A family portrait of the Do Rego family and their current fosters.Recognizing the challenges faced by local animal shelters during the pandemic, Sandra Do Rego and her four children decided to open their hearts and home in 2020 to provide temporary care and love for animals in need.

As a high school teacher for more than 20 years, Sandra worked full-time teaching classes online during lockdowns while her three children were also at home doing online schooling. After hearing about OMHS’ need for as many animals as possible to be in foster care due to pandemic closures, the family came together to discuss how they could help.

Pandemic pet project

“We wanted to contribute and do some good during the pandemic,” Do Rego recalled. “After hearing about the need for animals to be moved out of shelters, we had a conversation and agreed to foster – as long as the kids contributed to daily care like feeding, cleaning and socializing the animals.”

The family fostered their first cat, Mousse, in April 2020 and mostly cared for cats, kittens and small animals the first year.

“Especially during COVID, fostering was something positive that the kids could look forward to. Having those animals and having a focal point to do something positive and give back was really important,” said Do Rego.

Four years later, the family has provided care for more than 50 pets, including puppies, dogs, cats, kittens, guinea pigs, and ‘tons of bunnies.’

Sandra affectionately describes her household as “a little bit of a zoo.”

Currently, the Do Rego family is caring for a mother dog named Penny who was a stray picked up by an OMHS protection officer. Once in OMHS’ care, it was discovered that Penny was pregnant. As experienced fosters, the Do Rego family was asked to care for the puppies beginning at just four days old.

What is in a name?  A black chalkboard with names of fostered animals written in three columns.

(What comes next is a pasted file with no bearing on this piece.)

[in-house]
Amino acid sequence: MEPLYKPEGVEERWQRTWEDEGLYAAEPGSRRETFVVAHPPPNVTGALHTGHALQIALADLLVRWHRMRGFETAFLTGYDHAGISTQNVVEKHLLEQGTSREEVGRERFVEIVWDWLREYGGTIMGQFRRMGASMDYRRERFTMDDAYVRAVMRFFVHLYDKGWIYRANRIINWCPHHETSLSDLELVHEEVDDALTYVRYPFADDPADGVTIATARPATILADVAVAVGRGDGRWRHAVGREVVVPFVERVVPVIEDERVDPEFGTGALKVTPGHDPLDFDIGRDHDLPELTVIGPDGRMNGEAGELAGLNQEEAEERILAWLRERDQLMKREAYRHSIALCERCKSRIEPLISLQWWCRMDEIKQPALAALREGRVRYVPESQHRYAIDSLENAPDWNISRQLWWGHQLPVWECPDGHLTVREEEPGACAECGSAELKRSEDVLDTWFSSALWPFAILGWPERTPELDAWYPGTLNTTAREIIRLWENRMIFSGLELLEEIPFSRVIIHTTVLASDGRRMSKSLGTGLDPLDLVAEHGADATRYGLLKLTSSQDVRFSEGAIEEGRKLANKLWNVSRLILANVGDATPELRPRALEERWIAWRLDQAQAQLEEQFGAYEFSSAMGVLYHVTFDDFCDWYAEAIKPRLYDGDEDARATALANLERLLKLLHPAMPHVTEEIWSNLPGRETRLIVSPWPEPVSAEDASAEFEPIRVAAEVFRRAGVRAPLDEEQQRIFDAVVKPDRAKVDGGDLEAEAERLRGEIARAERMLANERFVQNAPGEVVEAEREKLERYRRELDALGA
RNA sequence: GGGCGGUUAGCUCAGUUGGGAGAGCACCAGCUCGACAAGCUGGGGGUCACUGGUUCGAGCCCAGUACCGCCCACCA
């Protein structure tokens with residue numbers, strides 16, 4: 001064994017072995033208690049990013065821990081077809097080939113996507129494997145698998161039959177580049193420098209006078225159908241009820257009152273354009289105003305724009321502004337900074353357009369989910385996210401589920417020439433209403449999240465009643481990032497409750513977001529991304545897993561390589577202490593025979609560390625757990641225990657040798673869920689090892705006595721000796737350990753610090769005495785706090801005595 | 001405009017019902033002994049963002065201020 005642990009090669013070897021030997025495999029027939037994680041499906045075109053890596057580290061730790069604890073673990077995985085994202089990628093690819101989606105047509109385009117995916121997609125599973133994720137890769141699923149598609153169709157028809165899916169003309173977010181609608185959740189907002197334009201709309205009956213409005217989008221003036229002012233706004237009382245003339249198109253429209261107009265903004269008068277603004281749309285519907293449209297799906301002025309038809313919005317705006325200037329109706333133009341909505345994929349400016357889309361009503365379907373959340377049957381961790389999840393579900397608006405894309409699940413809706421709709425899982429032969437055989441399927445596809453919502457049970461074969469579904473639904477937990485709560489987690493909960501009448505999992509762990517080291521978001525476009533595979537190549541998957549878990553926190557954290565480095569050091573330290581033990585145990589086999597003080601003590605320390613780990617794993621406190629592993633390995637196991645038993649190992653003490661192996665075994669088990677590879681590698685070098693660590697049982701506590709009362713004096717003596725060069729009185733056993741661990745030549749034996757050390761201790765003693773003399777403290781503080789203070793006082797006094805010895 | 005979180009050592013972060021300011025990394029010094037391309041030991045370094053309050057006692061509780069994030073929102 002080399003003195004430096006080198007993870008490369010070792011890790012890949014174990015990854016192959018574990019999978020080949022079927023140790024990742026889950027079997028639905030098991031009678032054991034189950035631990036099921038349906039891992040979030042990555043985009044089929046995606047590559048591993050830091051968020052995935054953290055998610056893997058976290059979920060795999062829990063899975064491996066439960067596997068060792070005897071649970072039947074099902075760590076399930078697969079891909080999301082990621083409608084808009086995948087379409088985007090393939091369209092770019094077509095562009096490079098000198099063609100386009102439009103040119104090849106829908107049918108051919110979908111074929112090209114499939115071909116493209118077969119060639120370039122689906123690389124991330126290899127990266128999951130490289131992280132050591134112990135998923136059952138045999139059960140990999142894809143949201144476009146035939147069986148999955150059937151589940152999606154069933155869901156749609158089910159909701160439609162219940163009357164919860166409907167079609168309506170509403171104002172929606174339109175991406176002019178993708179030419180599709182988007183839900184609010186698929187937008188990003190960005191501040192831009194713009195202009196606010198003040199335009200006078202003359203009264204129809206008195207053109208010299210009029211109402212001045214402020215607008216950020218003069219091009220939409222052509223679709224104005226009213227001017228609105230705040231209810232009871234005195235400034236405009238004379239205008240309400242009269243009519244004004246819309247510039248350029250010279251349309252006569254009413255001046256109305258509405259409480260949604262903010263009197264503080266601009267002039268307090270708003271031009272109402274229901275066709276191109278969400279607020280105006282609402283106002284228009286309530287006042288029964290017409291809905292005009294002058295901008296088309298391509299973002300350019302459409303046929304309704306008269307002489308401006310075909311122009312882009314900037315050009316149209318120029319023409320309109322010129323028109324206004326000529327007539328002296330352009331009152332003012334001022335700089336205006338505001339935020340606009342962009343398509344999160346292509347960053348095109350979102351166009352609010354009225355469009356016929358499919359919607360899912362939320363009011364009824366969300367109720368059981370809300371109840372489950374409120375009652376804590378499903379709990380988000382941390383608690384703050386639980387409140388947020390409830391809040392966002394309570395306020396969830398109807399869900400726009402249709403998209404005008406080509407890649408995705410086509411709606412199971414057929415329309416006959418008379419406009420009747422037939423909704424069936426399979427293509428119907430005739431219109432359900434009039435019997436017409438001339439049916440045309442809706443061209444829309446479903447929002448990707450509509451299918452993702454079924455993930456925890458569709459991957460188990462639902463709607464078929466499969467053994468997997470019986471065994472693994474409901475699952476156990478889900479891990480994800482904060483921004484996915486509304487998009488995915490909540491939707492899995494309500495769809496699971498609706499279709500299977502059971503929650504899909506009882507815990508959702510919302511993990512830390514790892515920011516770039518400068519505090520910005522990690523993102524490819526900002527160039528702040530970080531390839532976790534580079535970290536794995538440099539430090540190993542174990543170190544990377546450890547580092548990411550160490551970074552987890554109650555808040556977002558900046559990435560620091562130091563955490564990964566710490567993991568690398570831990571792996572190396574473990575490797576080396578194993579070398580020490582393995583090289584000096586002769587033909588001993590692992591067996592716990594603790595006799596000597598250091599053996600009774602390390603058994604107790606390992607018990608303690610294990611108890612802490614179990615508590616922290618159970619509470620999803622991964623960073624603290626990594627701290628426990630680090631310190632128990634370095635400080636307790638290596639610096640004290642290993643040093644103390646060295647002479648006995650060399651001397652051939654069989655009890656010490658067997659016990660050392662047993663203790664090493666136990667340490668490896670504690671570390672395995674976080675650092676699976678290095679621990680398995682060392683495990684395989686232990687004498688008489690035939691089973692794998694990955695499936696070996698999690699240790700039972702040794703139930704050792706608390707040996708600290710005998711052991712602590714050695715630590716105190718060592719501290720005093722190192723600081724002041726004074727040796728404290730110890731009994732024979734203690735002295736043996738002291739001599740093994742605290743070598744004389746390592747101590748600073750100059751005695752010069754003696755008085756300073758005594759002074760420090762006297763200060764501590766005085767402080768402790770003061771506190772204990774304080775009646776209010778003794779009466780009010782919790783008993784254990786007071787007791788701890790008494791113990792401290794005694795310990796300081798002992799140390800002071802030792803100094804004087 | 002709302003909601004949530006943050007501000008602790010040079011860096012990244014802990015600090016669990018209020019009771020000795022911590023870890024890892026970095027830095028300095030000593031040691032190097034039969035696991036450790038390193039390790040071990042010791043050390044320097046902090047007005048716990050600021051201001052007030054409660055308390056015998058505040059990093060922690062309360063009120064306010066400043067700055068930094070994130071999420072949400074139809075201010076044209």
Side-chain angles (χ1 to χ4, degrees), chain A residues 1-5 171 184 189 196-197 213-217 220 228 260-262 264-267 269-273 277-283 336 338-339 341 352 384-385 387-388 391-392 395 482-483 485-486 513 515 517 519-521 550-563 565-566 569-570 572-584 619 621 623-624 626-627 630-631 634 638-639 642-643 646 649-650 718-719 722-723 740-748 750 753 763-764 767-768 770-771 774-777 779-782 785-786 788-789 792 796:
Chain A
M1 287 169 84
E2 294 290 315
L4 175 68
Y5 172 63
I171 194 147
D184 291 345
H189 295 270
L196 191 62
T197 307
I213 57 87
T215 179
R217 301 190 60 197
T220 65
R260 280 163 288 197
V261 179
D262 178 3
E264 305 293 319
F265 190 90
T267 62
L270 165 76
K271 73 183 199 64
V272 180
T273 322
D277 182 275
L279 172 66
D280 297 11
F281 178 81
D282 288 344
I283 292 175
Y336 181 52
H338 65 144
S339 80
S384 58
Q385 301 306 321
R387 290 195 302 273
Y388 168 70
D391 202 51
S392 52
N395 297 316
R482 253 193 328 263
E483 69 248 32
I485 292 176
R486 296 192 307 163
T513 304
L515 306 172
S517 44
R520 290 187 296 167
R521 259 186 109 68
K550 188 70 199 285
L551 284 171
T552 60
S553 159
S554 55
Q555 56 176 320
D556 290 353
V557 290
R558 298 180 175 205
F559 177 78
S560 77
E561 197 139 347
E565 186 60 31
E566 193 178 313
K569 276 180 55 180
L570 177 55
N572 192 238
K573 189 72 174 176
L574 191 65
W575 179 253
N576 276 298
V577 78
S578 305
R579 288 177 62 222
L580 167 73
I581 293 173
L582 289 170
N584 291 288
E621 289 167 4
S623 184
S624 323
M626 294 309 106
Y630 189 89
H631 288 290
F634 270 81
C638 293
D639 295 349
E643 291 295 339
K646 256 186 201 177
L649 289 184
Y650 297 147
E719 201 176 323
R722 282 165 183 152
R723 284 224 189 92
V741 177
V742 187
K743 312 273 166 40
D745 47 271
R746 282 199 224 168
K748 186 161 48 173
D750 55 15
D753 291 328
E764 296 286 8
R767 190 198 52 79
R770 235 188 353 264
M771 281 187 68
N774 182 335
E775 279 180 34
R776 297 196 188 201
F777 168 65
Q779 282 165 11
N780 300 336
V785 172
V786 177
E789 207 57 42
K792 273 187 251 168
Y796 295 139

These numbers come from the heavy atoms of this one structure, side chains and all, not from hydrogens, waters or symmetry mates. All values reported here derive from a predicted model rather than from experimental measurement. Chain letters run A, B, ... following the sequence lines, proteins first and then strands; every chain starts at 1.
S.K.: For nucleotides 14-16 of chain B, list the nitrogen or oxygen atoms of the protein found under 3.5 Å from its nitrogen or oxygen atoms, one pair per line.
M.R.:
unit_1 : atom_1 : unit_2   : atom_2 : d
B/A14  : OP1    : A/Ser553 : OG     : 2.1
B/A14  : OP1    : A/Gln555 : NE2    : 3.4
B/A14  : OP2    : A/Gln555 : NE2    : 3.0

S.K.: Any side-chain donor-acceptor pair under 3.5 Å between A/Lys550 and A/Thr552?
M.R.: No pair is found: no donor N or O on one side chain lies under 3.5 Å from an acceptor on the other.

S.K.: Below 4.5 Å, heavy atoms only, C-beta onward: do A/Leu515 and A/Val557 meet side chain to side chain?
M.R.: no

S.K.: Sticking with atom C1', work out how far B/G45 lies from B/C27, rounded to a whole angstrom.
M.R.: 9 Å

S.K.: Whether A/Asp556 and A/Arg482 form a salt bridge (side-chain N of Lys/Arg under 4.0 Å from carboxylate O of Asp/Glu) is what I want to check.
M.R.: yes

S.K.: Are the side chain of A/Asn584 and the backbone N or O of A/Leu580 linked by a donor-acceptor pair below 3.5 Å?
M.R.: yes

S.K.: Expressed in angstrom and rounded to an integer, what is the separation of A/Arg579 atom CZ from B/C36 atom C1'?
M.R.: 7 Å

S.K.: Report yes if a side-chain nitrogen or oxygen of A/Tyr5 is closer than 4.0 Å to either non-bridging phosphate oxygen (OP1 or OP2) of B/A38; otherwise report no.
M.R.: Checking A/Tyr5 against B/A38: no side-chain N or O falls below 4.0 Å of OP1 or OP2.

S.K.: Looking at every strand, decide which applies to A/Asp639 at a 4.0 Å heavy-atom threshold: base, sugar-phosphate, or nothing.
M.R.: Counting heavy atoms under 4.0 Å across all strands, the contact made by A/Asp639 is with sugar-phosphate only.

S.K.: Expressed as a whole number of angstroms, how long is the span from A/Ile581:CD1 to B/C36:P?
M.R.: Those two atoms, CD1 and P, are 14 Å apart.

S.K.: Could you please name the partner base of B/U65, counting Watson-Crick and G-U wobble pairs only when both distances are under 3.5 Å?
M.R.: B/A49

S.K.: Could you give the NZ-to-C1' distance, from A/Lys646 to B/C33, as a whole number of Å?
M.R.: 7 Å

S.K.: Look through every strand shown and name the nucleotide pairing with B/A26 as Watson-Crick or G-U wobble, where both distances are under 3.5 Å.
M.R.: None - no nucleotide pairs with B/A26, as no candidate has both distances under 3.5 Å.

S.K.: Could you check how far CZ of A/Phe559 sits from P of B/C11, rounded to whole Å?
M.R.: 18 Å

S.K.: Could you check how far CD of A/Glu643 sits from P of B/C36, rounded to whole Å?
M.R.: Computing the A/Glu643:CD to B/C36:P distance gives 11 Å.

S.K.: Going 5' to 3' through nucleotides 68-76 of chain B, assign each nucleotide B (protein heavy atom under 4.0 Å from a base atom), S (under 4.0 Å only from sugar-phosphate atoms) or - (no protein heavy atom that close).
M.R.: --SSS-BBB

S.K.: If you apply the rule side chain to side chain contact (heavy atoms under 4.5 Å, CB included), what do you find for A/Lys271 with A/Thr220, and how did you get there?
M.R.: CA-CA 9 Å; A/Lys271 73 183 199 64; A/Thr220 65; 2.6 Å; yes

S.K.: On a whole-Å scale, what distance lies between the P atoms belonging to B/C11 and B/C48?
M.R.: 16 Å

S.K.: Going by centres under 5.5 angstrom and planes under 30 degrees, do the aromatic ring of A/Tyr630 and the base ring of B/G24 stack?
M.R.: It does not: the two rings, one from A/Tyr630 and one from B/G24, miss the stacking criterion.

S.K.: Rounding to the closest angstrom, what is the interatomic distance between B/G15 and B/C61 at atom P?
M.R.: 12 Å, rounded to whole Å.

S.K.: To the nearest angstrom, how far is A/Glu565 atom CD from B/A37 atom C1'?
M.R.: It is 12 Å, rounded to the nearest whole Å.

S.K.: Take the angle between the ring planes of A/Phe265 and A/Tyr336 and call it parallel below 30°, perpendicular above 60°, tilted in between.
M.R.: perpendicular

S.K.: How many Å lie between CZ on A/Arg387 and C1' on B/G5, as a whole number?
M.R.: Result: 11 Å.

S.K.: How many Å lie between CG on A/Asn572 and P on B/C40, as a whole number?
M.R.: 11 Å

Sometimes animals come from the shelter with names, but sometimes foster families have the fun task of naming animals in their care. Naming the pets is something the children find great joy and responsibility in. 

“The kids get very involved in this process of coming up with the right name. They also have a little chalkboard where they keep track of all the names of the more than 50 animals we’ve fostered,” Sandra explained.  

Learning to love and let go 

Though goodbyes can be difficult at times, Sandra teaches her children, who range from elementary school age to high school age, that fosters are temporary.  

“Before animals leave us, the kids get to take as many photos and videos as they need. And then they’re ready to let them go and say goodbye.” 

“The fostering experience helps kids learn to love and let go.” Recalling a particularly sad goodbye, Do Rego told her son, ‘You taught that kitten how to love. Now, he will bring that love to his new owner, remembering how you loved him.” 

Purpose and joy 

“Watching the animals blossom before finding new homes brings us purpose and joy. It’s just wonderful to care for animals who are sometimes scared and nervous, and then all of a sudden you see them blossoming, and they’re ready to go to their new families. It’s just an incredible experience” 

To learn more about becoming an OMHS foster, please visit the fostering page on our website.